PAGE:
A care service, like any business, needs to communicate with its customers. Its main customers are the people who use its services, but service commissioners can also be regarded as “customers”, wherever they contract the provider to deliver services on their behalf.

A care service always needs to look to its future complement of service users, so communication with prospective service users is also important. The documentation about a care service should therefore be written so as to be attractive and informative to people who may be considering receiving care from the service. This includes information presented on a service website. The manager and staff should equally be ready to talk to any prospective service users and to their advisors.

Registered persons should note that all health and care service providers must achieve the Accessible Information Standard produced under the Health and Social Care Act 2012. The standard was launched in 2015 and has been a legal requirement since July 2016.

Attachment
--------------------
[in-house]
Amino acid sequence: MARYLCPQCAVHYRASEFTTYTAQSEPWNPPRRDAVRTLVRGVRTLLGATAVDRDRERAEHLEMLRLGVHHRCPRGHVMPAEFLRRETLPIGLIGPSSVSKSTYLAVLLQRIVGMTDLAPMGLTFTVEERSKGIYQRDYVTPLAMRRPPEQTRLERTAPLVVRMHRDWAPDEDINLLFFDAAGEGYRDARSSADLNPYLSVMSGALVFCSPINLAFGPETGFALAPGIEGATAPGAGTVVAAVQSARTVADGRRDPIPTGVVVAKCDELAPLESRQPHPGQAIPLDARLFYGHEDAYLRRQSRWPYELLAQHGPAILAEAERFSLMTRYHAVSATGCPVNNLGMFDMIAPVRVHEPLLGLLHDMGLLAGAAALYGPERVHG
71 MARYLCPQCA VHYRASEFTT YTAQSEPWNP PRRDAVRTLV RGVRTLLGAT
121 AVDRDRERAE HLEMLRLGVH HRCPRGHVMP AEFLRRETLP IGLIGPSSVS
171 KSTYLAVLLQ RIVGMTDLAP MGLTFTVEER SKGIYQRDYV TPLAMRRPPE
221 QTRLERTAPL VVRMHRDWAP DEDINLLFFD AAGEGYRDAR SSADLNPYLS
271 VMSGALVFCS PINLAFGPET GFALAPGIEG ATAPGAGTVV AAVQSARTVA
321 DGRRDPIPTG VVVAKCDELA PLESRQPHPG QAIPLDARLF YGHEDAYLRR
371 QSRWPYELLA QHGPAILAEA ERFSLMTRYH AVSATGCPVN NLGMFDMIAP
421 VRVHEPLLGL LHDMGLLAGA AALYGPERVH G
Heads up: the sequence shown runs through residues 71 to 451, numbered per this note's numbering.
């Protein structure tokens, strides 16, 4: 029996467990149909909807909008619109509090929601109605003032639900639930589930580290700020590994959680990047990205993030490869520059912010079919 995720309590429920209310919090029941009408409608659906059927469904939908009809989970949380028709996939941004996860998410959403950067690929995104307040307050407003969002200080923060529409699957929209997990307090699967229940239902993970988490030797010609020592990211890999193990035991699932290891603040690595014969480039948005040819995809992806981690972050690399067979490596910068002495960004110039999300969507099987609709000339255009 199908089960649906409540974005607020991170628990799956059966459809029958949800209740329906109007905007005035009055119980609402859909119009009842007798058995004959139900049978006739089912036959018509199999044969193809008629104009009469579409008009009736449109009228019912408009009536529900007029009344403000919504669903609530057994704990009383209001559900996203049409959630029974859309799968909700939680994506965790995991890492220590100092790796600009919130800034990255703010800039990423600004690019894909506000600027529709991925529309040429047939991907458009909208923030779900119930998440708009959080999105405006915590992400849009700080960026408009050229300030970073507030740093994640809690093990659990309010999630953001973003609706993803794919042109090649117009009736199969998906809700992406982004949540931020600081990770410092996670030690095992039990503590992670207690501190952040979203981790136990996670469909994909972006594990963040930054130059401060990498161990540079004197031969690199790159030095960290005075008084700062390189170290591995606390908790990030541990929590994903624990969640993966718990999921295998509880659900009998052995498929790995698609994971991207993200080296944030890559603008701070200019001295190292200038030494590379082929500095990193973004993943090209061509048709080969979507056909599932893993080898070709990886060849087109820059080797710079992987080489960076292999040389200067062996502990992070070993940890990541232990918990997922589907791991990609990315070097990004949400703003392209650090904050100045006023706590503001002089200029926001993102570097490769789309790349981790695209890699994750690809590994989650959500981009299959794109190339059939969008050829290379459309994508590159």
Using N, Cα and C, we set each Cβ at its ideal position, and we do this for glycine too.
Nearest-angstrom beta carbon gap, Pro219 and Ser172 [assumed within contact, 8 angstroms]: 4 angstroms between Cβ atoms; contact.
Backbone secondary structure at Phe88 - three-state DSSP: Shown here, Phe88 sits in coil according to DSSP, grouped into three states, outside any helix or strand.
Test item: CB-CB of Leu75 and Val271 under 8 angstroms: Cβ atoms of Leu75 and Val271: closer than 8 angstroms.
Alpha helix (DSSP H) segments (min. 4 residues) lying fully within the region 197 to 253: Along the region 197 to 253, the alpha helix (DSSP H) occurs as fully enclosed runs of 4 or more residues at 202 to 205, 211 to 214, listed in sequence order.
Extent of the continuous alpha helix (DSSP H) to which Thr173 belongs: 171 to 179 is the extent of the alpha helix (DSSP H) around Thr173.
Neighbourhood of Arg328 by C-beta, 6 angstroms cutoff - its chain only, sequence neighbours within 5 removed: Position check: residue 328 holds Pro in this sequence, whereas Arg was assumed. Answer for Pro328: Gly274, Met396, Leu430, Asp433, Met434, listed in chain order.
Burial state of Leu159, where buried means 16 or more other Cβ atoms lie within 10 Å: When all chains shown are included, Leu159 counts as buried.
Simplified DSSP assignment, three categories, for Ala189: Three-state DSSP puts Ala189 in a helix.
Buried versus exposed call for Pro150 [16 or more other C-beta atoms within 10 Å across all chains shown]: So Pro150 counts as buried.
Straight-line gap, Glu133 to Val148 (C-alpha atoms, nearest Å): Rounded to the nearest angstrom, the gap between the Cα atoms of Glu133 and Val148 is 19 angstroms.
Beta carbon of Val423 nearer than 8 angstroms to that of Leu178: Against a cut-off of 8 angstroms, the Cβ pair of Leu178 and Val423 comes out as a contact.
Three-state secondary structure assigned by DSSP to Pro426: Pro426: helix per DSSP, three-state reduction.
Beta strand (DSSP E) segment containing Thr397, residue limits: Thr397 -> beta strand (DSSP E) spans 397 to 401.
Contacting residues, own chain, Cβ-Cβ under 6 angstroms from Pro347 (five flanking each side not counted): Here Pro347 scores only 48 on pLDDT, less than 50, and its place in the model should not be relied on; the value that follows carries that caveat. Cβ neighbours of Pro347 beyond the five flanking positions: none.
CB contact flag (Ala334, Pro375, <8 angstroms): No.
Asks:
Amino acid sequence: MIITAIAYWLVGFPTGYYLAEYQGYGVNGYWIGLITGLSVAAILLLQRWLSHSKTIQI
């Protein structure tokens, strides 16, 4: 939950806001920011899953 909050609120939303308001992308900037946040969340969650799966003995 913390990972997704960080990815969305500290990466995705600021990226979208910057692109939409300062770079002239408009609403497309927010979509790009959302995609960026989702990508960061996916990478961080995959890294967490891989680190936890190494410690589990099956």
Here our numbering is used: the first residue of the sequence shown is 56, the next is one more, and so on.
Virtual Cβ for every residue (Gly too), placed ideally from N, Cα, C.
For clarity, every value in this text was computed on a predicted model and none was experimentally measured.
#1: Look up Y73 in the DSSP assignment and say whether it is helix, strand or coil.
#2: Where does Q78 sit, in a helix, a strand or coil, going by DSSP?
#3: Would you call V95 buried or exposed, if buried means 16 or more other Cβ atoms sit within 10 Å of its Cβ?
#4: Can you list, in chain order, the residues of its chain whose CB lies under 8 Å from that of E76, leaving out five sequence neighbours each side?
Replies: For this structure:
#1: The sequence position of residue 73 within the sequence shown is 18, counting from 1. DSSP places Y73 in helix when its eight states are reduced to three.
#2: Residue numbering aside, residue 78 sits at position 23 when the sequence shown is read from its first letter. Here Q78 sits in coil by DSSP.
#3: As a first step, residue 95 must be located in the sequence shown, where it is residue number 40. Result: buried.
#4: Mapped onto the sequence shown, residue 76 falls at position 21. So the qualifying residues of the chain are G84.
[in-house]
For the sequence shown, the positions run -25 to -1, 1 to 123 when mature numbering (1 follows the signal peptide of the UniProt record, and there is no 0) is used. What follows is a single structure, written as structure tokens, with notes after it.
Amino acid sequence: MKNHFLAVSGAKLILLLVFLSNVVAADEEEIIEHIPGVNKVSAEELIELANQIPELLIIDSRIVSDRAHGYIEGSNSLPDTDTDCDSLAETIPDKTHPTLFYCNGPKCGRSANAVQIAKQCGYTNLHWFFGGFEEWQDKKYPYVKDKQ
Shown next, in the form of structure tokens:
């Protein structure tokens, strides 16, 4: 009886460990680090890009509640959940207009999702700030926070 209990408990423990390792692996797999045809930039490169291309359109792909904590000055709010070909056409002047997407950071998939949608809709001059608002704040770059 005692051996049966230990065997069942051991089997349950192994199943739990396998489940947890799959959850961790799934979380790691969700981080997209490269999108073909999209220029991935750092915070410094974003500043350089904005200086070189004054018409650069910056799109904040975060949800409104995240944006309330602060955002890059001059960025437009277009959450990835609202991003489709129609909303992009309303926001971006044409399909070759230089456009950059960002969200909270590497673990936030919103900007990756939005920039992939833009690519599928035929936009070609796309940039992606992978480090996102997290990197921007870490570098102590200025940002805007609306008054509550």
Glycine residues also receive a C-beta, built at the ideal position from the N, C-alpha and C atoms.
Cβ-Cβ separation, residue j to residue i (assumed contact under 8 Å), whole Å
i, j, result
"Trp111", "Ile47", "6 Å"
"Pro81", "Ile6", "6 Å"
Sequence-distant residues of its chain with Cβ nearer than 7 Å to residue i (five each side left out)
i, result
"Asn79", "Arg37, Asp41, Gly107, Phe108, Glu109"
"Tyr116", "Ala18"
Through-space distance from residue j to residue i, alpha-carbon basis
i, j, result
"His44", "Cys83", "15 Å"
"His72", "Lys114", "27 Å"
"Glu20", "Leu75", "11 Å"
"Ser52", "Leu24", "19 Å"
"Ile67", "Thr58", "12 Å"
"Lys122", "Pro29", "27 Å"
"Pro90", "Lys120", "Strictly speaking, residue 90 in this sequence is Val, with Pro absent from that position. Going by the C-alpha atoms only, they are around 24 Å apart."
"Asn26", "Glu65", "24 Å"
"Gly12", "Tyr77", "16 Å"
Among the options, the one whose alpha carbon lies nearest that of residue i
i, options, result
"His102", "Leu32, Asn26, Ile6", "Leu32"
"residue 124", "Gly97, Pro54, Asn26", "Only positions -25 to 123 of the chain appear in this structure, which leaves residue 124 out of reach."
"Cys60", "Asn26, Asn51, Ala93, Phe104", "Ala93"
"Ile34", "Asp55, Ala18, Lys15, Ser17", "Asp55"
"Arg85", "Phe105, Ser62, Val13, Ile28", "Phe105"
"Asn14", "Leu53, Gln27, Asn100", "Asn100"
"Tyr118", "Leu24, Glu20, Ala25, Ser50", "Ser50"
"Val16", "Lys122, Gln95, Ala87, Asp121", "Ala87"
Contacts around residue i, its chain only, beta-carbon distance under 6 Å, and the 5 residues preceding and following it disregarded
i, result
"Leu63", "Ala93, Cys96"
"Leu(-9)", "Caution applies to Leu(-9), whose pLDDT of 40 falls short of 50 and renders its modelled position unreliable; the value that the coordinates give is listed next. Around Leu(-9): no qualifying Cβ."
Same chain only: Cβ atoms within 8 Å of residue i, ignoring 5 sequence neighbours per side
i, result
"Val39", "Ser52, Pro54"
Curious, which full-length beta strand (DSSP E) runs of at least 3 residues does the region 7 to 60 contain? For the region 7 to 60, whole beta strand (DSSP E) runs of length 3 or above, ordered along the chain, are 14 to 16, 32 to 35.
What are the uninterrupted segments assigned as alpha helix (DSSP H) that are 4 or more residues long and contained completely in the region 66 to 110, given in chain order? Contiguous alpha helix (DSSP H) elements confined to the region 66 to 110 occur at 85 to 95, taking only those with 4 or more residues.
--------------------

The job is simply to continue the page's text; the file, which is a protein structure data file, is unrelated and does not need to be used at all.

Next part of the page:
Also, guidance from the Competition and Markets Authority (CMA), published in November 2018, makes clear that all information provided to prospective care home residents (and throughout their stay) must comply with consumer law. By this, it is meant the information must be complete, accurate and accessible to allow informed decisions to be taken about admission to a care home, and, by implication, to the receiving of any care service.

Care services will also need to show in their information how they have responded to the Covid-19 outbreak, including the safety measures, wearing of PPE, carrying out of risk assessments and testing policies. Care homes should make clear that their admission policies include a requirement to self-isolate for 10 days or equivalent on moving into the home. This information should be updated as government policies change.

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